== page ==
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Simply running

ElectricityProfile.find_each do |ep|
  if UserProfile.exists?(ep.owner_id) && ep.owner_type == 'UserProfile'
    ElectricityProfileSummary.create(ep)
  end
end

Takes ages (5 hours) to populate the table. Is there any better way to populate the DB?

Lets say get all the data from the DB and store it in array, hash, etc and then push to create a DB

ElectricityProfile.find_each do |ep|
  if UserProfile.exists?(ep.owner_id) && ep.owner_type == 'UserProfile'
    array_of_electricity_profiles.push(ep)
  end
end
ElectricityProfileSummary.mass_create(ep) # => or any other method :)

Sorry forgot mention I do have overridden method create, that takes multiple models and creates ElectricityProfileSummary...

create!(:owner_id => electricity_profile.owner_id,
        :owner_type => electricity_profile.owner_type,
        :property_type => electricity_profile.owner.user_property_type,
        :household_size => electricity_profile.owner.user_num_of_people,
        :has_swimming_pool => electricity_profile.has_swimming_pool,
        :bill => electricity_bill,
        :contract => electricity_profile.on_contract,
        :dirty => true,
        :provider => electricity_profile.supplier_id,
        :plan => electricity_profile.plan_id,
        :state => state,
        :postcode => postcode,
        :discount => discount,
        :has_air_conditioner => electricity_profile.has_air_conditioner,
        :has_electric_hot_water => electricity_profile.has_electric_hot_water,
        :has_electric_central_heating => electricity_profile.has_electric_central_heating,
        :has_electric_cooktup => electricity_profile.has_electric_cooktup
)
share|improve this question
    
you can consider batch fetching and batch insert. check coffeepowered.net/2009/01/23/… for the later. –  HungryCoder Nov 16 '12 at 4:36
    
Have you tried the activerecord-import gem? –  pjumble Nov 16 '12 at 4:38
    
@pjumble, had a look at that one, unfortunately I do have overridden create method for the model. And I can't use update with activerecord-import –  Jackie Chan Nov 16 '12 at 4:45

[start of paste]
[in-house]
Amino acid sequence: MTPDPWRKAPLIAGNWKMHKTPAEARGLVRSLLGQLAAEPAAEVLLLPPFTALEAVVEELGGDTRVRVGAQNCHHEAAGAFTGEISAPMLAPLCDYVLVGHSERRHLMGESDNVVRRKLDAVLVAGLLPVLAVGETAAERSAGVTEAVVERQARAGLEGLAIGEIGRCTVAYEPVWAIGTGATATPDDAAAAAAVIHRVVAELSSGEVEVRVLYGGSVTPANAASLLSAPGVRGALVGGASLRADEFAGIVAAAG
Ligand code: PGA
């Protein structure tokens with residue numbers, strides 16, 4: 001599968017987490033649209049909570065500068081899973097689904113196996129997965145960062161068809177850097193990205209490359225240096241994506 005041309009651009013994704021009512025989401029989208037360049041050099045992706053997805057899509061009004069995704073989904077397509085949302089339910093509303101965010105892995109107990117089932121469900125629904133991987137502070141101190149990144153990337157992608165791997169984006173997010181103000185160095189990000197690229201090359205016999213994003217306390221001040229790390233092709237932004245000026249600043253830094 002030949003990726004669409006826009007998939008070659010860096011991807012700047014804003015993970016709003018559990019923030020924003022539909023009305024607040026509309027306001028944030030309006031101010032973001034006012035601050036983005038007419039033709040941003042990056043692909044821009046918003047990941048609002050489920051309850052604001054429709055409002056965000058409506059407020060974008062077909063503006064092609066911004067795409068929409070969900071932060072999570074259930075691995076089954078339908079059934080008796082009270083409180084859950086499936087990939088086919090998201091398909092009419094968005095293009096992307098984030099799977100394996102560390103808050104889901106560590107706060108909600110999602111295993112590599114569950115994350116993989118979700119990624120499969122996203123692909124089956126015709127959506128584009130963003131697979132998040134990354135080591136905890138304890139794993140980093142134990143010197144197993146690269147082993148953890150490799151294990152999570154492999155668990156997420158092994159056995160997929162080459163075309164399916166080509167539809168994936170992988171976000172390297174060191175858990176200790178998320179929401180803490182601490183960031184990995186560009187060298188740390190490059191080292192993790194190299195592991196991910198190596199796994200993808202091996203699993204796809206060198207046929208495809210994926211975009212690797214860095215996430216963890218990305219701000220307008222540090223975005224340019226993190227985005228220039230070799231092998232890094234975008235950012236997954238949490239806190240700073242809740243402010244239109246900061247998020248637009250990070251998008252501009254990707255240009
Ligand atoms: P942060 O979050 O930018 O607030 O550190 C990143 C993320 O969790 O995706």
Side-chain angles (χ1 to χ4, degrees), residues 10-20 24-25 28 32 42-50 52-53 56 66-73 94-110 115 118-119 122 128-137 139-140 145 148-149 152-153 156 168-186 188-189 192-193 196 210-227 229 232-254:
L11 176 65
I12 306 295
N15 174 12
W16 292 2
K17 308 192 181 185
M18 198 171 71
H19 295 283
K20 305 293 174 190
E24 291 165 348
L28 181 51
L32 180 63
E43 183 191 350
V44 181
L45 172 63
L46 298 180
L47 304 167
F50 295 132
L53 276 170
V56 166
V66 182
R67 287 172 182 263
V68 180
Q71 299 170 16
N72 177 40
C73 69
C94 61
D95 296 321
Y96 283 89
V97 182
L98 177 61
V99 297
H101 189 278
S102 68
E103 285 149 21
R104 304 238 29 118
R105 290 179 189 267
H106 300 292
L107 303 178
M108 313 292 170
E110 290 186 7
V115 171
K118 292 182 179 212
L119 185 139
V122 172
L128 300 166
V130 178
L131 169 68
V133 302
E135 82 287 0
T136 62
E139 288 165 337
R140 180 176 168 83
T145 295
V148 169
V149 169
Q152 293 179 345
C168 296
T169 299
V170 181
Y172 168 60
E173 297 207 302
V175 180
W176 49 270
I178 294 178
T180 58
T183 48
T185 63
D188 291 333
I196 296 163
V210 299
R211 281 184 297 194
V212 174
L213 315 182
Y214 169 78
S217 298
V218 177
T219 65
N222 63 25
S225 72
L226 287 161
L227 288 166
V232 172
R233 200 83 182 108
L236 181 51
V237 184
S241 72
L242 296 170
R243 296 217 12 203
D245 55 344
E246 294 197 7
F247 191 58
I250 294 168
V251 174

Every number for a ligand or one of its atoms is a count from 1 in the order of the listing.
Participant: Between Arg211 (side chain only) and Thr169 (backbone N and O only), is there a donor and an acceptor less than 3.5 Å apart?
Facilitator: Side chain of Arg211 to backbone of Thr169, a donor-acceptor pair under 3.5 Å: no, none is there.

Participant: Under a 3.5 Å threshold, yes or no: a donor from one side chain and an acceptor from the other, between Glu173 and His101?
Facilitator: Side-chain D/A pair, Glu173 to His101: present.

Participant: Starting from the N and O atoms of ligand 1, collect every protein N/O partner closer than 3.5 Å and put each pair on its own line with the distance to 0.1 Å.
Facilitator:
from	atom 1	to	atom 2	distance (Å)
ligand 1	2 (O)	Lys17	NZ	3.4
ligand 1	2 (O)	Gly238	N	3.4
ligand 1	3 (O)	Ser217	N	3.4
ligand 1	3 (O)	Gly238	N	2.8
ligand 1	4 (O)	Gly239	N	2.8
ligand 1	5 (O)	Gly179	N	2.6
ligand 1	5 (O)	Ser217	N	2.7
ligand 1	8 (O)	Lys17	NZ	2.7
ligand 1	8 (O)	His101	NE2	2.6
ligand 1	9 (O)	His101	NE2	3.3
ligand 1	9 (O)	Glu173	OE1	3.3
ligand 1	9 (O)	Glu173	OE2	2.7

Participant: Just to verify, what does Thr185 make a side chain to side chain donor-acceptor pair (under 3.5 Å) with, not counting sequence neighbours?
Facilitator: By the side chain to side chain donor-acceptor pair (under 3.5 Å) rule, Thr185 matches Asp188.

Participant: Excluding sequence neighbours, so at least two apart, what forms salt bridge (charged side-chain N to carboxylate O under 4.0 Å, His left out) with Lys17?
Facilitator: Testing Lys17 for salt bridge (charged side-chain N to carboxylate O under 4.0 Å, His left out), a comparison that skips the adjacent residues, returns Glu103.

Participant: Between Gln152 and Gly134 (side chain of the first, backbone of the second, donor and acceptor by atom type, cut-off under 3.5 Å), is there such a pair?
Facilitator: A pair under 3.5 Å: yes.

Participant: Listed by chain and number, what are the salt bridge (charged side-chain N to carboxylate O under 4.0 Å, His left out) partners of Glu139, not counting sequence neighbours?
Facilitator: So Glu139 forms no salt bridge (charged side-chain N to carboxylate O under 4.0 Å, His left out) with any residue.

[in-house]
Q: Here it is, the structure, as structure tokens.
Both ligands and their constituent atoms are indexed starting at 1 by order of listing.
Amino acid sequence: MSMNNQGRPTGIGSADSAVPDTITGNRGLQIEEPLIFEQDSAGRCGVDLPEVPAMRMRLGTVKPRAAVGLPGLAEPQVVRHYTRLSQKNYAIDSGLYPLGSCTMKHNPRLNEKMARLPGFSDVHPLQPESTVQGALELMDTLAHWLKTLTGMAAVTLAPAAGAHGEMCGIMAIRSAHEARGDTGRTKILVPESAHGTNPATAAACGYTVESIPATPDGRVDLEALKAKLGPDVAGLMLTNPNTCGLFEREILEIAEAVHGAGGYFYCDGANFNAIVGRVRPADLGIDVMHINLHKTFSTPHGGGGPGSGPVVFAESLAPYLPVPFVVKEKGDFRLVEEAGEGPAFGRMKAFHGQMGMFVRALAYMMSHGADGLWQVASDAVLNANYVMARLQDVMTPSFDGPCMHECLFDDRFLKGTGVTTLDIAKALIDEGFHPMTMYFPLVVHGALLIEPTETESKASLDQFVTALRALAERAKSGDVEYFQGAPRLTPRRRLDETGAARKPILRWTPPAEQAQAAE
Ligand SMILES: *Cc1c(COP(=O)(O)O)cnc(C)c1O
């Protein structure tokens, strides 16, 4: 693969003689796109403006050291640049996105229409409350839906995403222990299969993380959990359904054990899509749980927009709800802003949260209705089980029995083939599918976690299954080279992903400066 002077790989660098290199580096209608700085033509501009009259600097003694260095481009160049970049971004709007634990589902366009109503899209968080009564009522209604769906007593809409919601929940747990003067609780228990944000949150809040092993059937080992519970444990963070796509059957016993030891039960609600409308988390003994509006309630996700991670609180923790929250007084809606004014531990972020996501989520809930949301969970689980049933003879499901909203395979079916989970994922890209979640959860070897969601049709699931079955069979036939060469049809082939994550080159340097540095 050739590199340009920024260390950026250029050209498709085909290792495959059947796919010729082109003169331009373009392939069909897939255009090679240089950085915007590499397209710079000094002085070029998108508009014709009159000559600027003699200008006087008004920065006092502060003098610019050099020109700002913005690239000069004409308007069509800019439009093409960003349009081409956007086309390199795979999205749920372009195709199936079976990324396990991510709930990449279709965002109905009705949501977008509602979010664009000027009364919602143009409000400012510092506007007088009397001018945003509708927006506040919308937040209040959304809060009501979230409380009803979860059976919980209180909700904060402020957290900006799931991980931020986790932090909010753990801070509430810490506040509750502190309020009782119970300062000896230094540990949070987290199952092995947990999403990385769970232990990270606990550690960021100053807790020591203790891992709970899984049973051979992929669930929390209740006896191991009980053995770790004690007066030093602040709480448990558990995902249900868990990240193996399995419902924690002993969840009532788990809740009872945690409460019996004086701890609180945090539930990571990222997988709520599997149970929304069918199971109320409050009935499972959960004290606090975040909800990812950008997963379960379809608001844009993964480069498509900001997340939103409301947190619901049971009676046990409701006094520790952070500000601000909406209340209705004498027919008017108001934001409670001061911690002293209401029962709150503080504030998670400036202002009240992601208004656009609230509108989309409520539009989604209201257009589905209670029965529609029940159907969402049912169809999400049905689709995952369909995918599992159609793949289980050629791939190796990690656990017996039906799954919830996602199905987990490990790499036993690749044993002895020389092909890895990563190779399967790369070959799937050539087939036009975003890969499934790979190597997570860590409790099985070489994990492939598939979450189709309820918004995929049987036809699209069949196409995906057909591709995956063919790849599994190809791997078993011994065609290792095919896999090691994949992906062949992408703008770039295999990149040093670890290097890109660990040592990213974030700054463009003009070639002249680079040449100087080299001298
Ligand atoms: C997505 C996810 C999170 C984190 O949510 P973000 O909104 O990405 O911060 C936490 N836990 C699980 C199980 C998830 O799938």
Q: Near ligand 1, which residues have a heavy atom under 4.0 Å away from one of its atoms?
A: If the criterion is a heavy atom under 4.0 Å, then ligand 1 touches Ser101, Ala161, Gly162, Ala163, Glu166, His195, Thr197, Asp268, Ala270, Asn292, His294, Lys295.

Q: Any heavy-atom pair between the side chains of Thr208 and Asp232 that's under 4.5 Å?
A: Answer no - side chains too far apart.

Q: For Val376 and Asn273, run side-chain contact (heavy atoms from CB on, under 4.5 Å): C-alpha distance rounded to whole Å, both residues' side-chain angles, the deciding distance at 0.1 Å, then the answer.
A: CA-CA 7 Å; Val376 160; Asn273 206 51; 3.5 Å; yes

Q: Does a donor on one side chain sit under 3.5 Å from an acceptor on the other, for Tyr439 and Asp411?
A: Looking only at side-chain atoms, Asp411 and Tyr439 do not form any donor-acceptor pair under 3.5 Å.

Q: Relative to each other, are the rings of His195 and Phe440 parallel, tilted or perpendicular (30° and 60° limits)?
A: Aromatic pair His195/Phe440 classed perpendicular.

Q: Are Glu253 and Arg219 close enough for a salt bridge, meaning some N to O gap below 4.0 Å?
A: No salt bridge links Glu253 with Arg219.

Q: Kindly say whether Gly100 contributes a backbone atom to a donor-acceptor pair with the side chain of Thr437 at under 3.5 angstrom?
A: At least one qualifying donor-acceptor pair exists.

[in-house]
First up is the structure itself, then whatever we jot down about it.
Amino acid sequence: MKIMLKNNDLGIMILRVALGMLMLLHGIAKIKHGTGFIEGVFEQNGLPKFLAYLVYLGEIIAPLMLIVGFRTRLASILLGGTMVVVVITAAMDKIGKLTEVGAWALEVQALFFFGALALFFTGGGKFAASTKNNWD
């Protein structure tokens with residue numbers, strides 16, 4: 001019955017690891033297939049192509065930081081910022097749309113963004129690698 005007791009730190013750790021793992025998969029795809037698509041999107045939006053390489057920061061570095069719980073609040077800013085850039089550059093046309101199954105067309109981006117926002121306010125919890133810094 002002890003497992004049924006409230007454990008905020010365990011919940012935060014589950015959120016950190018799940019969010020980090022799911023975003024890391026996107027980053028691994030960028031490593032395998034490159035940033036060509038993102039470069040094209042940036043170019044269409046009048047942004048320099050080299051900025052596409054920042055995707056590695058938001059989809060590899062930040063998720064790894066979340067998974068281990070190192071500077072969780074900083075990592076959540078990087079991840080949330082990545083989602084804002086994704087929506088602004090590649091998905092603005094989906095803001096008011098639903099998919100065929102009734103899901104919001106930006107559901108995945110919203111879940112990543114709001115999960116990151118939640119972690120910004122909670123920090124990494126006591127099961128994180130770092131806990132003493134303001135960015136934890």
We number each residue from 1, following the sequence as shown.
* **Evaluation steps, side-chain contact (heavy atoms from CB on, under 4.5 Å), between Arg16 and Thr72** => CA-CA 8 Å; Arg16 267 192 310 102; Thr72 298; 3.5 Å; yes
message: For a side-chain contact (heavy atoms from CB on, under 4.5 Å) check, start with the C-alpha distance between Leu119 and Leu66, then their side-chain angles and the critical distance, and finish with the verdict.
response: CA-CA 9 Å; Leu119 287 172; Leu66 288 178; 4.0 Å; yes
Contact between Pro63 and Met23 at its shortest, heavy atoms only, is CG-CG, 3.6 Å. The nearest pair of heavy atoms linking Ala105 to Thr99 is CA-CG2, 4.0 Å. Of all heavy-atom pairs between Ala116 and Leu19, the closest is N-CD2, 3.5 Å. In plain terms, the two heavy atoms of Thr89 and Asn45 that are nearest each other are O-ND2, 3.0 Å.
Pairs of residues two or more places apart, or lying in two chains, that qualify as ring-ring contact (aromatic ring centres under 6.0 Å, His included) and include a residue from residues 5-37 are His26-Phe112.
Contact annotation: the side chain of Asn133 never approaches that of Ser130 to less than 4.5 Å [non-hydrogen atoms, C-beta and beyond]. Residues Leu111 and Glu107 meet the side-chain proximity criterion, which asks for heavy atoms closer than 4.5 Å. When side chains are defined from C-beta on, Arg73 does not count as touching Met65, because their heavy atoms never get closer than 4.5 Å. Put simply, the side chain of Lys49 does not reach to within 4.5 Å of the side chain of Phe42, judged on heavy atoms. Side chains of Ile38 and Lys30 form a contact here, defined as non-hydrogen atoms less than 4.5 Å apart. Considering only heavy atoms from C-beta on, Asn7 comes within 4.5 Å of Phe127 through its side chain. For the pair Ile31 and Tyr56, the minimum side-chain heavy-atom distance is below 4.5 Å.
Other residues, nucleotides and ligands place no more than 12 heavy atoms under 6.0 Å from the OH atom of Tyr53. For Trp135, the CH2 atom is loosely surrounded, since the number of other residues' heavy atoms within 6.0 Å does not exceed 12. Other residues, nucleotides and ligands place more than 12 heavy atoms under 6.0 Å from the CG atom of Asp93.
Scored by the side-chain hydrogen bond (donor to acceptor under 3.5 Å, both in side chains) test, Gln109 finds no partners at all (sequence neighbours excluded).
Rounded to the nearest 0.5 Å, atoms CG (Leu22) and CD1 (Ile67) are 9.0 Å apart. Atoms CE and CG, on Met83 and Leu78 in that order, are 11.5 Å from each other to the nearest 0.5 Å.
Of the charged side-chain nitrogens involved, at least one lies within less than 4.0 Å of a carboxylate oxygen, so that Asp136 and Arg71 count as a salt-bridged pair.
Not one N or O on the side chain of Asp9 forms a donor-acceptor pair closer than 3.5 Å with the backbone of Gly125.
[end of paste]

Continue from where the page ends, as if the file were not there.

Can you get ActiveRecord out of the way completely and just send a bunch of SQL into the database? Or use the database's dump/restore tools? AR isn't exactly quick, especially for bulk operations. –  mu is too short Nov 16 '12 at 4:49
    
Given the task you're describing, and the fact that there's logic and possible record creation in each of 400k runs, 5 hours doesn't sound like very long to me. I don't think there's a better way to write your code using AR, to speed up the process you probably need to work directly on the database. That said, in my experience 5 hours isn't an astronomical length of time for a massive modification to a database of this size. You're not running this task every day are you? –  Andrew Nov 16 '12 at 4:52

2 Answers 2

up vote 1 down vote accepted

Doing this in a stored procedure or raw SQL would probably be the best way to go since ActiveRecord can be very expensive when dealing with that many records. However, you can speed it up quite a bit by using includes or joins.

It looks like you only want to create ElectricityProfileSummary models. I am a little unsure of how your relationships look, but assuming you have the following:

class ElectricityProfile
  belongs_to :owner, polymorphic: true
end

class UserProfile
  has_many :electricity_profiles, as: owner
end

... you should be able to do something like this:

ElectricityProfile.includes(:owner).each do |ep|
  ElectricityProfileSummary.create(ep)
end

Now, I am basing this on the assumption that you are using a polymorphic relationship between ElectricityProfile and UserProfile. If that is not the case, let me know. (I made the assumption because you have owner_id and owner_type, which as a pair make up the two fields necessary for polymorphic relationships.)

Why is using an includes better? Using includes causes ActiveRecord to eager load the relationship between the two models, so you're not doing n+1 queries like you are now. Actually, because you are creating records based on the number of ElectricityProfile records, you're still doing n+1, but what you are doing now is more expensive than n+1 because you are querying UserProfile for every single ElectricityProfile, and then you are querying UserProfile again when creating the ElectricityProfileSummary because you are lazy loading the relationship between EP and UP.

When you do includes, Rails will use an inner join to query between the two tables. Using an inner join eliminates the necessity to do ensure that the UserProfile exists, since the inner join will only return records where both sides of the relationship exist.

share|improve this answer

If you could wrap your import loop into one transaction block, it should speed up import immensely. Read on about ROR transactions here.

share|improve this answer
    
Sweet mate, let me have a look at this solutions as it seems to solve my issue –  Jackie Chan Nov 16 '12 at 5:12
    
How would a transaction speed up this query? I do not understand. –  Sean Hill Nov 16 '12 at 5:25
1  
Without transactions, every insert is auto-committed - database ensures that data is flushed to disk, which is very slow. With transactions, it only must ensure that whole transaction is flushed, and need not to worry about every single insert being flushed. It is not uncommon to have 100x-1000x speedup because of this –  mvp Nov 16 '12 at 5:33
    
Gotcha. That makes sense. I think combining your answer with mine would be the way to go. –  Sean Hill Nov 16 '12 at 5:37
    
OK, so which one should i mark as the right one? –  Jackie Chan Nov 18 '12 at 22:18

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